The benefit of the doubt

Here’s a Thought for the Day I did on election day (May 7th).

So, it’s Election Day at last. I haven’t got a clue what the result’s going to be. I suspect it will be a while before we know who’s going to form the Government.
Quakers are quite comfortable with a certain amount of doubt and uncertainty. The first time I went to a Quaker meeting I was told ‘We don’t have a lot of answers – but we do try to ask the right questions’. As I’ve grown in the faith, I’ve learned that Quakers don’t claim to already know the ultimate truth – just how to set about looking for it.
And I don’t think we’re alone in this. In fact, I suspect that all worthwhile religions start with a questing attitude. Historically, one of the things that all three ‘people of the book’ – Jews, Christians and Muslims – have shared is a willingness to read their key texts critically. To find the underlying messages, they have to put the right questions to their holy books. The early Rabbis called this spiritual practice ‘Midrash’ – meaning ‘the way to seek the truth’.
I’ve recently read Karen Armstrong’s book ‘The Bible: a biography’. She argues, convincingly I think, that it wasn’t until the late 19th century that Christians – and others – began to read scriptures as word-for-word literal truth. This approach, based on certainty, has lead to unquestioning fundamentalism. We’ve seen the results in brands of Christianity that seem to teach intolerance rather than peace and humanity and also the atrocities committed in the name of religion by so-called Islamic State.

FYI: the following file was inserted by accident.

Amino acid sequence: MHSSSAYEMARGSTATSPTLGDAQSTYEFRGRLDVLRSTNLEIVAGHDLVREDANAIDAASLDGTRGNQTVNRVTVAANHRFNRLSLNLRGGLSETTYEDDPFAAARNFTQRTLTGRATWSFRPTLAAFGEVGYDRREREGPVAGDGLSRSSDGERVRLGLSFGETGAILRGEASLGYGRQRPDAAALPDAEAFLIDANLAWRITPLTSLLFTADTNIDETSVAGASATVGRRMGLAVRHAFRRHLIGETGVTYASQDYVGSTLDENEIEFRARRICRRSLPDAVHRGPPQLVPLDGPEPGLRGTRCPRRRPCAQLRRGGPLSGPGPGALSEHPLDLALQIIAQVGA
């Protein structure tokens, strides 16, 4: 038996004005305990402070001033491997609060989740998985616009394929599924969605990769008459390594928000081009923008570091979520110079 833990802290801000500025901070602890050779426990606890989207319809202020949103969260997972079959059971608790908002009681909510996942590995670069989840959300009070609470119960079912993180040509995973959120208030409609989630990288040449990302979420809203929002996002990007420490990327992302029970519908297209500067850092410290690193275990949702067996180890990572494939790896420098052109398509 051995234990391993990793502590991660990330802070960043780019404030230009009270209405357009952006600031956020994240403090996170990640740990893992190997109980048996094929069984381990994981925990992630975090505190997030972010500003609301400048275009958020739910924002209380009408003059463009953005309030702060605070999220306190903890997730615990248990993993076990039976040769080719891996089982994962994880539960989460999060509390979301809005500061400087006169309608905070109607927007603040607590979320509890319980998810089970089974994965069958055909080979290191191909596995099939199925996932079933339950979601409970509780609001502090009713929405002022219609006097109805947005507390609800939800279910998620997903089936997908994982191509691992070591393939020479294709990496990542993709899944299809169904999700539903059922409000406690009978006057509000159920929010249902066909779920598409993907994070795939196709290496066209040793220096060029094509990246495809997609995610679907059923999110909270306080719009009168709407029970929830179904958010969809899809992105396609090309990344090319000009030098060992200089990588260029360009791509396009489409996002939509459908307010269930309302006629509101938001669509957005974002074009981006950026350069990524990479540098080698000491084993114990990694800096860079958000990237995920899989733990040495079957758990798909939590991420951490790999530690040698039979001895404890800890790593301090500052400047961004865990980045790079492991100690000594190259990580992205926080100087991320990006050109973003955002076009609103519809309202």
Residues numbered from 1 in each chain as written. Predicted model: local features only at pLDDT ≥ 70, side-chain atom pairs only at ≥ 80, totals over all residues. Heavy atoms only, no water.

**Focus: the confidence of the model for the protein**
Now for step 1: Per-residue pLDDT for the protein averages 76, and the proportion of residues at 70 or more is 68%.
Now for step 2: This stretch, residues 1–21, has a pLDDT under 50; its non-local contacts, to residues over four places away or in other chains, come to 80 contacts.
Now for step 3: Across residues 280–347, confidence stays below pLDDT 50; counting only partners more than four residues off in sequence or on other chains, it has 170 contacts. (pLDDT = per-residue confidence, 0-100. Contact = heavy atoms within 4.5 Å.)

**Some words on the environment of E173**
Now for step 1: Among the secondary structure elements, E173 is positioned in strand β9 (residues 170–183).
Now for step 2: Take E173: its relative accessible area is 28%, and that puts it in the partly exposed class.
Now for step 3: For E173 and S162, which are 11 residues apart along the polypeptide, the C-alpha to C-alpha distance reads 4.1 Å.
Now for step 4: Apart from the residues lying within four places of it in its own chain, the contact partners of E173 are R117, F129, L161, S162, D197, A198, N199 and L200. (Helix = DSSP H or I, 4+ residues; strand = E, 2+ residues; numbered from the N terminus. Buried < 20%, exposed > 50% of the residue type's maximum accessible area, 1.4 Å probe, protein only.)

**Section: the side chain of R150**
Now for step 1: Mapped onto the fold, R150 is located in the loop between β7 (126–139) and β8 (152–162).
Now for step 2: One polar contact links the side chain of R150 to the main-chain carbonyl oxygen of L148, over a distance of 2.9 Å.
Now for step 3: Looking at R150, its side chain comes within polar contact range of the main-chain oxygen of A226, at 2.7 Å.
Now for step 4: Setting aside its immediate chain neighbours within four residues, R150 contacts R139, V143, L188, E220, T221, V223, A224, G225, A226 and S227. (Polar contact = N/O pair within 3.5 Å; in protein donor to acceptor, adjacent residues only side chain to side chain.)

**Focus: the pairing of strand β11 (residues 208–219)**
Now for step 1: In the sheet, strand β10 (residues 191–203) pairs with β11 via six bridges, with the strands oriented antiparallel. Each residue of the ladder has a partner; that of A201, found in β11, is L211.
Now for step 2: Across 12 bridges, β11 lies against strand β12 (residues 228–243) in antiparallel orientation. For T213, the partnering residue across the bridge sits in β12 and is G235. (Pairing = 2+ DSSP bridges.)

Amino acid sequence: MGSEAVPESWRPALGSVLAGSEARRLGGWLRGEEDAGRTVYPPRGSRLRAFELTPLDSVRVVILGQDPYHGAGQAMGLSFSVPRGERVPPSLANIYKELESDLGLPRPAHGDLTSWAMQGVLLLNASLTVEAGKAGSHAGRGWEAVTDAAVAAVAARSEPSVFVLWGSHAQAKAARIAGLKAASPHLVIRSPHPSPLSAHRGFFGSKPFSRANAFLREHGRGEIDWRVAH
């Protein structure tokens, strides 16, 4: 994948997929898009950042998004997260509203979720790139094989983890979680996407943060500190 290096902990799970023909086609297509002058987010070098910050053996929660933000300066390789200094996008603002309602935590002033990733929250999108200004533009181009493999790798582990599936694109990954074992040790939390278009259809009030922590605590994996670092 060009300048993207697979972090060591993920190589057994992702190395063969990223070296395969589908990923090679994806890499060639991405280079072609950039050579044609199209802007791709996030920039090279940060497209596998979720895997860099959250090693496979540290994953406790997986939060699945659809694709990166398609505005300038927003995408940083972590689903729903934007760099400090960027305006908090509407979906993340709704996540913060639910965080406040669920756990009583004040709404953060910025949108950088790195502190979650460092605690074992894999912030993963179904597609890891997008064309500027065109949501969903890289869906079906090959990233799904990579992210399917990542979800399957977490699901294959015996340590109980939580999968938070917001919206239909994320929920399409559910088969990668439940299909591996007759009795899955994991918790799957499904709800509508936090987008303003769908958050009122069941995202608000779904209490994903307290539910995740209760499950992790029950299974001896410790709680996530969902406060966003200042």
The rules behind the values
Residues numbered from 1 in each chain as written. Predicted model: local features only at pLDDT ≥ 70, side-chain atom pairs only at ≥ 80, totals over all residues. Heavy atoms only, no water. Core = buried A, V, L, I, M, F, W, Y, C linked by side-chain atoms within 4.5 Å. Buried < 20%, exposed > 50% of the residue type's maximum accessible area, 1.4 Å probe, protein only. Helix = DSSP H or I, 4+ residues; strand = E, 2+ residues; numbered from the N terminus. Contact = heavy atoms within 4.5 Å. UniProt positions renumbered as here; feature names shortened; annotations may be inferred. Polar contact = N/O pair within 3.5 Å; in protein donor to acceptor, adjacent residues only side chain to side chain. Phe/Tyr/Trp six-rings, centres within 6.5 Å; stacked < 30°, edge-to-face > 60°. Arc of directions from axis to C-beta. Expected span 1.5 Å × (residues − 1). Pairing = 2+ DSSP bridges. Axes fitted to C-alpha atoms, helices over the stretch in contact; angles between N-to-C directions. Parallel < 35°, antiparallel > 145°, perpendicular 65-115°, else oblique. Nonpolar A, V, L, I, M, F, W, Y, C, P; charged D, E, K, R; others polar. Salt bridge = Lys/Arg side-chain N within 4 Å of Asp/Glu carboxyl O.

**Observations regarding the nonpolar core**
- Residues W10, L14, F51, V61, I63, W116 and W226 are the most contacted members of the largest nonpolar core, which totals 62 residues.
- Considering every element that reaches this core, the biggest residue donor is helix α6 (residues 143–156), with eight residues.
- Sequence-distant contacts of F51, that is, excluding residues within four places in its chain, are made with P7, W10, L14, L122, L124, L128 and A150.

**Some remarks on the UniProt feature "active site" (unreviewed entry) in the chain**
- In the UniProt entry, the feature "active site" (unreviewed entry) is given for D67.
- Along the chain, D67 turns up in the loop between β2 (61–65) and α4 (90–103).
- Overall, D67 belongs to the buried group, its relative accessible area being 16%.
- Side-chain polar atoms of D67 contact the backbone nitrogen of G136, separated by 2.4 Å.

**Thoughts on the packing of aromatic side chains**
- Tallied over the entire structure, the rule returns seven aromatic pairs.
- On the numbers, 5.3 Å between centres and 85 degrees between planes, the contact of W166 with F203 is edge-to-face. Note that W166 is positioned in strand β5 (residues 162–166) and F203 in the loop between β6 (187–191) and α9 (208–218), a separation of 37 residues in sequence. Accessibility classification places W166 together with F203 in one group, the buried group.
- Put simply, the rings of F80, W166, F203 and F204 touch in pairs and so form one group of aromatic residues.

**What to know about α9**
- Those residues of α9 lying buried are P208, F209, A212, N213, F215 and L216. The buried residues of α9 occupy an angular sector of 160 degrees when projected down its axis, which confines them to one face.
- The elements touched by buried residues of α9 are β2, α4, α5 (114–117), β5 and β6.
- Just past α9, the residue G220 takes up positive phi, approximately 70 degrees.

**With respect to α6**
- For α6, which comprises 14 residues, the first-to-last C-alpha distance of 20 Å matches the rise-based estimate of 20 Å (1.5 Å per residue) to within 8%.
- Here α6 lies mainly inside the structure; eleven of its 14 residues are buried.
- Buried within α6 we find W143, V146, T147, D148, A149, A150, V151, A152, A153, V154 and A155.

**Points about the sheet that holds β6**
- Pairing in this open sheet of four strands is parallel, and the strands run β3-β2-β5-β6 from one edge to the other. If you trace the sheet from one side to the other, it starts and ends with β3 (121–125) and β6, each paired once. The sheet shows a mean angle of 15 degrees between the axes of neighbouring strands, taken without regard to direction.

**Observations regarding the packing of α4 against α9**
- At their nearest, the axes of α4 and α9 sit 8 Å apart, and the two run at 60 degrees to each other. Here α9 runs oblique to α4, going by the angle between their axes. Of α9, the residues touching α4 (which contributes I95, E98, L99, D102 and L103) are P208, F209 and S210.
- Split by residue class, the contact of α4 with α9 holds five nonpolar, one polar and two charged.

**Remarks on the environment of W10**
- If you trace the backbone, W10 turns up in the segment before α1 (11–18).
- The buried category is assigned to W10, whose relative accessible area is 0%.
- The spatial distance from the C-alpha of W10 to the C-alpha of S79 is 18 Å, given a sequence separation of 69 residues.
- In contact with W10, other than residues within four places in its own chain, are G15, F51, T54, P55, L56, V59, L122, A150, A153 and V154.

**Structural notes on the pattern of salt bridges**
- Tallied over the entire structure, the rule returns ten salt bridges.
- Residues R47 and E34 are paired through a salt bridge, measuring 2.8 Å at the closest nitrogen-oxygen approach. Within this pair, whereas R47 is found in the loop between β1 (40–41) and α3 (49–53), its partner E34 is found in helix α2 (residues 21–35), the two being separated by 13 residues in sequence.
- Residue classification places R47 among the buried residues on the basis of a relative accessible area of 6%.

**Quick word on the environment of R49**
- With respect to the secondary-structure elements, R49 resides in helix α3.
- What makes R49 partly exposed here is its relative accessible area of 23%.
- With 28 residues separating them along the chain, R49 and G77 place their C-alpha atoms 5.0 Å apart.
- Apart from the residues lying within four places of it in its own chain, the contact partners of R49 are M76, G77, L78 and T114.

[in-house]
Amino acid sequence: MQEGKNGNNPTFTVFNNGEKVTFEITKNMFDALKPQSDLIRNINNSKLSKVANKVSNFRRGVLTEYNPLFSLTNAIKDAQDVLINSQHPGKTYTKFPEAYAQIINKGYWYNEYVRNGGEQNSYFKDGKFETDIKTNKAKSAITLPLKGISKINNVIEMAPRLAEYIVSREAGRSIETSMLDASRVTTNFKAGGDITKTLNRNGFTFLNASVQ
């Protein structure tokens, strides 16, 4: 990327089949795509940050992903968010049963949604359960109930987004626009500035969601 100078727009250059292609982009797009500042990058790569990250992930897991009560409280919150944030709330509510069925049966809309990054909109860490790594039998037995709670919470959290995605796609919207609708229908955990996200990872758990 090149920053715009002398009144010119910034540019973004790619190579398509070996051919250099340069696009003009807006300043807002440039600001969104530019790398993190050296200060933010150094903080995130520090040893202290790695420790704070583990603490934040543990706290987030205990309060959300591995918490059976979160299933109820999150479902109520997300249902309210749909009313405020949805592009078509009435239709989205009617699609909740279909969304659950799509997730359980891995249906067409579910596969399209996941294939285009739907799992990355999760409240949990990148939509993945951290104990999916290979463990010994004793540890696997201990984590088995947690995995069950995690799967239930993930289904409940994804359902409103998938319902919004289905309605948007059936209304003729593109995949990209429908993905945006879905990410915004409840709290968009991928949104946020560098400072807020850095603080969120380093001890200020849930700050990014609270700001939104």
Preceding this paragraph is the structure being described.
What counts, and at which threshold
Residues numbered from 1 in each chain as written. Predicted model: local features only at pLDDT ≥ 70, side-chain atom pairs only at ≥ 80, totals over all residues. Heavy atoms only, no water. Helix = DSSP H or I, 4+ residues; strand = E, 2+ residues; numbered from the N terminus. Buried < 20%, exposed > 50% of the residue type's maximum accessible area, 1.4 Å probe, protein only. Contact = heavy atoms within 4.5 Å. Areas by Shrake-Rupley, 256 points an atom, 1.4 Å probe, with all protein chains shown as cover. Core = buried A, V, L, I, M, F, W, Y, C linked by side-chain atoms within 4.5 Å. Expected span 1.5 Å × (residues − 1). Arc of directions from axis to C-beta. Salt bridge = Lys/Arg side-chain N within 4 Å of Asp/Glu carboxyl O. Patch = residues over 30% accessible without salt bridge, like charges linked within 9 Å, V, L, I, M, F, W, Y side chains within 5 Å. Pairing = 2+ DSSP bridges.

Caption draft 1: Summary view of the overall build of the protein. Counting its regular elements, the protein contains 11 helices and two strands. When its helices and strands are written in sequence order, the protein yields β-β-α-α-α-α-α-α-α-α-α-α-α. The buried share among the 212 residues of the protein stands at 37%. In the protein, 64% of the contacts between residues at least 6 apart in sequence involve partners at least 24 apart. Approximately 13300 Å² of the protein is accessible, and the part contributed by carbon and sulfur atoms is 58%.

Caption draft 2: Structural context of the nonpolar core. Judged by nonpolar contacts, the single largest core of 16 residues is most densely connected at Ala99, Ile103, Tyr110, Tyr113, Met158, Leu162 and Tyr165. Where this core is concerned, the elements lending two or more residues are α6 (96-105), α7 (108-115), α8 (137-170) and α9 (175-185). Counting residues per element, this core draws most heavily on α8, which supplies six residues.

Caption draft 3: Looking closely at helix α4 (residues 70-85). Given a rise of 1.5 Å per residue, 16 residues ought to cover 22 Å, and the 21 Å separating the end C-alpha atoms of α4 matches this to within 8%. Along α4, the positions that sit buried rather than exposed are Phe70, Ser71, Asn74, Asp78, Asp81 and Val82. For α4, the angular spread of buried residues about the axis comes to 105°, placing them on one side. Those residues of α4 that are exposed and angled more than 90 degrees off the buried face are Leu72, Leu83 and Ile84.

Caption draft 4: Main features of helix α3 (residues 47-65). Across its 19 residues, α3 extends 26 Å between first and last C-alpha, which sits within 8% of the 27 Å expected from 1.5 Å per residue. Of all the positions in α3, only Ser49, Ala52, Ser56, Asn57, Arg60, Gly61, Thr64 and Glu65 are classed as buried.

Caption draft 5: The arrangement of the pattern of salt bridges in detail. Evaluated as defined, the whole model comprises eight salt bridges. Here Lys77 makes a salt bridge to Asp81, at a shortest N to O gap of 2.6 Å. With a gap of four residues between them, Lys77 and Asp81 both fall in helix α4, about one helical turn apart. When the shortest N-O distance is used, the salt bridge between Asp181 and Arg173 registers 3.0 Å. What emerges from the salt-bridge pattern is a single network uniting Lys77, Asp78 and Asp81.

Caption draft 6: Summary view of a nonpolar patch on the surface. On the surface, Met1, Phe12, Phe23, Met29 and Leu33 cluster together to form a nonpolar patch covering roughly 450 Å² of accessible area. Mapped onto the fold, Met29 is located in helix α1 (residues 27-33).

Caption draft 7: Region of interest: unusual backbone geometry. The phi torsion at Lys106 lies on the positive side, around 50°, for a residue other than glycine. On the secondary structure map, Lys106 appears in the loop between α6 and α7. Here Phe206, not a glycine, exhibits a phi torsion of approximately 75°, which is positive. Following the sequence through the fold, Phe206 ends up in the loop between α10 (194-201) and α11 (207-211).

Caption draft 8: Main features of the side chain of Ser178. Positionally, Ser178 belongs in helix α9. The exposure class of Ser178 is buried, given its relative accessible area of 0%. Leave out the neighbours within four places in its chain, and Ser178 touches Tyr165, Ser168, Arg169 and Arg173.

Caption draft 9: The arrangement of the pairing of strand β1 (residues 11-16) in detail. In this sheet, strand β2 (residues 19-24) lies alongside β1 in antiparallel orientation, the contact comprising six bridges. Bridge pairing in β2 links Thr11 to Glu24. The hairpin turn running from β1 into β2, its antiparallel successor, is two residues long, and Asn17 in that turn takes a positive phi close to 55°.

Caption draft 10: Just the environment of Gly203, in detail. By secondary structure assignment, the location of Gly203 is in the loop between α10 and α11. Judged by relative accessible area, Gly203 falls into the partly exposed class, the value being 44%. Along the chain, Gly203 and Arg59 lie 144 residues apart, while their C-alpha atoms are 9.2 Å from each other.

And I’m pretty clear this kind of certainty does more harm than good.


My original script finished with a paragraph about how I was prepared for a period of doubt about the result of the election if that was what it would take to get the right one. But that would have got the BBC into legal trouble,

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